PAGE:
Garden Designers create landscape plans for two reasons: firstly, illustrative plans are used to sell the design to their clients. Secondly, a more technical set of plans are used to inform the installation of the new landscape. The technical plans will typically include a planting plan, irrigation plan and installation details. More complex projects will include a title sheet, grading/drainage plan, construction plan, construction layout plan, a demolition plan and a lighting plan, with multiple sheets of construction details (e.g. lighting details, planting details, irrigation details, etc). Unless your project requires approval by your city, most residential garden designs just need a planting plan and an irrigation plan.
So, you have worked with a garden designer, you approved their design based on the illustrative plan and they have delivered to you their complete landscape plan package. If the designer is not going to be too involved in the installation, how do you make sense of the documents?
Before you start using the plans to install your new garden, you will need to check some details first. Plans are drawn to scale and are meant to be read from a printed layout - it is very hard to translate real life measurements by looking at the plan on a screen or in a smaller format than it was intended to be printed. So, the first check is to make sure the plans are printed correctly. If the plans were delivered as a hard-copy you should rest assured that this is the correct size. Unless the plans were drawn by hand, when given hard-copies ask for a PDF version too in case you need to make additional copies. In the USA and Canada, most landscape plans are designed for "ARCH D" paper format, which measures 24" x 36". This size is used for building plans and many printing stores have large scale printers to output this size fairly cheaply. If you are not sure what size the plan should be printed, the PDF should show the dimensions in the file properties.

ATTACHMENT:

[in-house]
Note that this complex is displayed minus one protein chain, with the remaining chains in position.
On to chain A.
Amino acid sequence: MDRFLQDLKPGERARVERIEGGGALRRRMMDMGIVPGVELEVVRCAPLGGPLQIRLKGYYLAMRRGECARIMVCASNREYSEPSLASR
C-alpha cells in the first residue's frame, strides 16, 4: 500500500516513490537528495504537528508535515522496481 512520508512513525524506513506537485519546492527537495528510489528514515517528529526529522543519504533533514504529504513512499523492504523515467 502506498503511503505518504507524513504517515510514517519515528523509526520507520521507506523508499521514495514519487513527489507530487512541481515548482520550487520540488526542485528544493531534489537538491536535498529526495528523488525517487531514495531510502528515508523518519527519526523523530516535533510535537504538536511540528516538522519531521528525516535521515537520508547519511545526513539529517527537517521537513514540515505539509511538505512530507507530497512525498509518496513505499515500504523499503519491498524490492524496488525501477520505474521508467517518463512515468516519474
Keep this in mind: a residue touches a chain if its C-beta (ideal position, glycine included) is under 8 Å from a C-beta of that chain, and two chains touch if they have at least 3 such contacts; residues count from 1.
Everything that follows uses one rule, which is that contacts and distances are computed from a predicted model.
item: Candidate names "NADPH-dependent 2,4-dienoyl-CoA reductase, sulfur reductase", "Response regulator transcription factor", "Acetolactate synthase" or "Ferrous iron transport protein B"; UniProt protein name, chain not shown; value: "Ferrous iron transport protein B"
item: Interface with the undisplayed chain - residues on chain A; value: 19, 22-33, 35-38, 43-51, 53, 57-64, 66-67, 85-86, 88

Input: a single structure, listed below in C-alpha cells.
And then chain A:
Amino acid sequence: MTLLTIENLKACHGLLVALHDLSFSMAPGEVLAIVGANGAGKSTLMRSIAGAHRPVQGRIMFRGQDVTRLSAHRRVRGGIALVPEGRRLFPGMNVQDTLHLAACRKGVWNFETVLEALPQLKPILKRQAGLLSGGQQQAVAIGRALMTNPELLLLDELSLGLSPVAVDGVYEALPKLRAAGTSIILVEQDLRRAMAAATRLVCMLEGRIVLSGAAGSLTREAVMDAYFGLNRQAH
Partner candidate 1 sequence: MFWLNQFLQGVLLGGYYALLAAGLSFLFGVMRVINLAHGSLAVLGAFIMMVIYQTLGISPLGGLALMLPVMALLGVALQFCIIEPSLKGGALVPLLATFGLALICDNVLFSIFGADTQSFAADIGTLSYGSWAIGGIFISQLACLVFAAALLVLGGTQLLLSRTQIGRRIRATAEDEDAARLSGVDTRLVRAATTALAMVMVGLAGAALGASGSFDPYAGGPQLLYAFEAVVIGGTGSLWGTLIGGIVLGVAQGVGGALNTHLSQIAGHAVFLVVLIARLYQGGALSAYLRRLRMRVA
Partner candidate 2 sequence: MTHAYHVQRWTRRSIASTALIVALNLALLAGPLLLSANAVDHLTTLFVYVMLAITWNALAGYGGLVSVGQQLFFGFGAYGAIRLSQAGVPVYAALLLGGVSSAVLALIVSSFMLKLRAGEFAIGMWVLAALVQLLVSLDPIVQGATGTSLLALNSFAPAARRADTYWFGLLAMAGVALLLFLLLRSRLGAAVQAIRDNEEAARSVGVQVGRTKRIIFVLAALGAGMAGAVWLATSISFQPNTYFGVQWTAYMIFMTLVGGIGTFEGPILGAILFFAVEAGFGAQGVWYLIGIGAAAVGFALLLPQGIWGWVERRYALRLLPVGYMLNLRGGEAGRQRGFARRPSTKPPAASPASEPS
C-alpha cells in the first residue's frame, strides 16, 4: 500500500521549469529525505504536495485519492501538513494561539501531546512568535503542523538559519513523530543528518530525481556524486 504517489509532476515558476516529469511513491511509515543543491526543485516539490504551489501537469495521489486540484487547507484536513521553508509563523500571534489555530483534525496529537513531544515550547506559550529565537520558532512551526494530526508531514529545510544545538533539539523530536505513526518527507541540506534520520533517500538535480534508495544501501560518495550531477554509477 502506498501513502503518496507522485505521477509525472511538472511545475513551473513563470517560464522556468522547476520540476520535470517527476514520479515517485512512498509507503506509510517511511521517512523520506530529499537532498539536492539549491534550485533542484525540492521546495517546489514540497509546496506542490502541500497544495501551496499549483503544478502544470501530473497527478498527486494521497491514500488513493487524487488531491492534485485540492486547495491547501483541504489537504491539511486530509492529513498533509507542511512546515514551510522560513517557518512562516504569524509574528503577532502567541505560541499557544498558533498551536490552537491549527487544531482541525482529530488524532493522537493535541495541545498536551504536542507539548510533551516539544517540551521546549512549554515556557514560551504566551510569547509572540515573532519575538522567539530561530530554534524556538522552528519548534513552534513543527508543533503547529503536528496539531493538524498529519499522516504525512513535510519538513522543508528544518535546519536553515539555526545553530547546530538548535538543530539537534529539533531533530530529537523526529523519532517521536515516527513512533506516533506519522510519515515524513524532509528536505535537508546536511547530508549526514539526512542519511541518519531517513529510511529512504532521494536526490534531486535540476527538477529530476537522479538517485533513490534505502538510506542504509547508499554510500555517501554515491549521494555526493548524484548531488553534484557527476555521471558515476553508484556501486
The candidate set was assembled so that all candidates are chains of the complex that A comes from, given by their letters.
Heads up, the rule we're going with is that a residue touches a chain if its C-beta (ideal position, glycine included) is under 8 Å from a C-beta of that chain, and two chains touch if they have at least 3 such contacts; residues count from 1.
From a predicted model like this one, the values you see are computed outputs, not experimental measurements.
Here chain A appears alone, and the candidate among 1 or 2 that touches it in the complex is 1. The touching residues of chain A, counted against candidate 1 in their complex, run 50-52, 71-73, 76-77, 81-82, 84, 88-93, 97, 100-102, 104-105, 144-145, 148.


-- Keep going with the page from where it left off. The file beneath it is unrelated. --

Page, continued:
Once the plan is printed, check the scale. A good plan should note the scale of the drawing in the title block, normally found on the right side of the sheet. It should also be displayed as a graphic scale in the plan itself. This graphic scale can be used to check if the drawing is printed properly to scale. This can be done by measuring with a ruler. For example, if the scale is written as 1/4" = 1'-0" then measuring the 1 ft increment from 0 in the scale should be 1/4".